Can I deduct from a security deposit, for costs regarding disposal of my ex-roommate’s abandoned property?

Get Legal Help Today

 Secured with SHA-256 Encryption

Can I deduct from a security deposit, for costs regarding disposal of my ex-roommate’s abandoned property?

My ex-girlfriend moved out without 30 days written notice to the landlord or me, as per the lease. She abandoned some large furniture items, her property, saying it was my problem to dispose of. I had to take time to list them on Craig’s list, take time off of work to wait for buyers, but eventually got them sold. I will give her half the money for the sale. Items that did not sell I had to take time to move them to Goodwill for disposal. The landlord is giving me the entire security deposit as I am the remaining tenant. Can I deduct my costs for my time and effort from her share of the security deposit?

Asked on December 15, 2010 under Real Estate Law, California

Answers:

SJZ, Member, New York Bar / FreeAdvice Contributing Attorney

Answered 10 years ago | Contributor

No, you may not. Tenants are not allowed to deduct their own time and labor from rent, from another tenant's share of the security deposit, or otherwise; similarly, landlords who personally clean up extraordinary messes or make repairs to apartments cannot deduct their own labo from security deposits. Fair or not, the law does not allow one to receive compensation for one's own time and effort in situations like this. (BTW, when attorneys represent themselves, they can't charge for their own time--at least the principal is consistently applied.) Nothing stops you from trying to get the ex-girlfriend to agree to compensate you in some fasion, but you may not, without her agreement, take money out of her deposit for your labor and time.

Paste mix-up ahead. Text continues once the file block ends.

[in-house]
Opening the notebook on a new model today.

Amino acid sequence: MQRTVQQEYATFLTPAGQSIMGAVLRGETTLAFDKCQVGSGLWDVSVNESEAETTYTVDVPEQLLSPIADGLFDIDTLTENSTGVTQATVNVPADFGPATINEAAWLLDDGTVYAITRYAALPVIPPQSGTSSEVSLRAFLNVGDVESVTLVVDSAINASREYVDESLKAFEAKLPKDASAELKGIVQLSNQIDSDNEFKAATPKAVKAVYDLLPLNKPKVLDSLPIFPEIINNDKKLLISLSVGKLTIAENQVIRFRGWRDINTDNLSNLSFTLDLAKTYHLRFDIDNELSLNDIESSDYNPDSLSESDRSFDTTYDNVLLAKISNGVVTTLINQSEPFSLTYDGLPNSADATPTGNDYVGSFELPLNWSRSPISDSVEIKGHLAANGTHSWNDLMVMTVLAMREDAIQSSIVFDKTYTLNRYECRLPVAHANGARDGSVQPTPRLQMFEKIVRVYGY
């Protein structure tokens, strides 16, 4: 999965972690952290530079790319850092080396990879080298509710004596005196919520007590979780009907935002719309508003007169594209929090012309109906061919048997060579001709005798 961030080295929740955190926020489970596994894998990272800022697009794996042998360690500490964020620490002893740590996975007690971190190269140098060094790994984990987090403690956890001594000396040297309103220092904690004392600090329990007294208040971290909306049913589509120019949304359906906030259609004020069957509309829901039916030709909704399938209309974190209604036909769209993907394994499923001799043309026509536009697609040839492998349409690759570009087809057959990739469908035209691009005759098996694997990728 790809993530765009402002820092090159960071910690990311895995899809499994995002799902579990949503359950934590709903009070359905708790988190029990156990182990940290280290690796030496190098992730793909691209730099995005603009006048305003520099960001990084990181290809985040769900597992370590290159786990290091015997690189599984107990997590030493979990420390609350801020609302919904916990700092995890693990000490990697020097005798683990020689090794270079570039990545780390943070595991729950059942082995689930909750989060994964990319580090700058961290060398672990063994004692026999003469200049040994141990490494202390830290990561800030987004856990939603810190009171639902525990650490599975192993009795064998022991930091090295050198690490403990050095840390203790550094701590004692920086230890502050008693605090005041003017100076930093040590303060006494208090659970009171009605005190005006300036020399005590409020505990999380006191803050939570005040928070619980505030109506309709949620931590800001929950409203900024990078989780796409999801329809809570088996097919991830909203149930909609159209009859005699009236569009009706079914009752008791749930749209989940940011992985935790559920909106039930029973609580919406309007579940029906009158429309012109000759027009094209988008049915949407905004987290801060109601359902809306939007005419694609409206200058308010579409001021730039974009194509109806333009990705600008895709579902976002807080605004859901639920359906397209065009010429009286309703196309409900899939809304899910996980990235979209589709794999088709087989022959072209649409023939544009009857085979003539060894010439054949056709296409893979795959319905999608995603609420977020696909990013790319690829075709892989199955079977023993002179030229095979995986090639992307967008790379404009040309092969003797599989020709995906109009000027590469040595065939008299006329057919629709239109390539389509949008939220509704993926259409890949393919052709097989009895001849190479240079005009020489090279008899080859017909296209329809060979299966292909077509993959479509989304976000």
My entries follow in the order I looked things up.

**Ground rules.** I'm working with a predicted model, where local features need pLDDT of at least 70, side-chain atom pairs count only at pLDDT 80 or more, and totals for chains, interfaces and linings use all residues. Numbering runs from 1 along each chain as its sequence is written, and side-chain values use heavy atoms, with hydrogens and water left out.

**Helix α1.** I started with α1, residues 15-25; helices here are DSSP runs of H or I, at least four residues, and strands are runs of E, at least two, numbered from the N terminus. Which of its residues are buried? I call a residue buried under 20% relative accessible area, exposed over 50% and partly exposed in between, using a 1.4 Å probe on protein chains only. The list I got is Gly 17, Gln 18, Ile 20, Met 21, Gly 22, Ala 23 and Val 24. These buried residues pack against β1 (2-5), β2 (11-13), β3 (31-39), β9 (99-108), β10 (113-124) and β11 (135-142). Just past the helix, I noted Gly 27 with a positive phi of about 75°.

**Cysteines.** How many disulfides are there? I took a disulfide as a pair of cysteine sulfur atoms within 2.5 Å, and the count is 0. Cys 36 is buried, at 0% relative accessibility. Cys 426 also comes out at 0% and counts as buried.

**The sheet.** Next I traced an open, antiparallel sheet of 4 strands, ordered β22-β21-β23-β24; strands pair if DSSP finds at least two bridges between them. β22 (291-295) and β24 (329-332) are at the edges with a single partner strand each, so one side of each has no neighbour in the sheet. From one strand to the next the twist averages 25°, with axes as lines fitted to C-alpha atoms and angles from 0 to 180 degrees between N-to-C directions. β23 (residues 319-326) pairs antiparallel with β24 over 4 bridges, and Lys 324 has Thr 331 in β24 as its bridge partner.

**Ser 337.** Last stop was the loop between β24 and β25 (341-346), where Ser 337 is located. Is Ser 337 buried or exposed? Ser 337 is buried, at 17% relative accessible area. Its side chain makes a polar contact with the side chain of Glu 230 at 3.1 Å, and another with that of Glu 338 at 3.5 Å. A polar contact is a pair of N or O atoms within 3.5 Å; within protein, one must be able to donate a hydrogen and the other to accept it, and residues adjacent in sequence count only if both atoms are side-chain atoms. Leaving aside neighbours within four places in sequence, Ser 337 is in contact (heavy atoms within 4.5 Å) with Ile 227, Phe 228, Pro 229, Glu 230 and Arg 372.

IMPORTANT NOTICE: The Answer(s) provided above are for general information only. The attorney providing the answer was not serving as the attorney for the person submitting the question or in any attorney-client relationship with such person. Laws may vary from state to state, and sometimes change. Tiny variations in the facts, or a fact not set forth in a question, often can change a legal outcome or an attorney's conclusion. Although AttorneyPages.com has verified the attorney was admitted to practice law in at least one jurisdiction, he or she may not be authorized to practice law in the jurisdiction referred to in the question, nor is he or she necessarily experienced in the area of the law involved. Unlike the information in the Answer(s) above, upon which you should NOT rely, for personal advice you can rely upon we suggest you retain an attorney to represent you.

Get Legal Help Today

Find the right lawyer for your legal issue.

 Secured with SHA-256 Encryption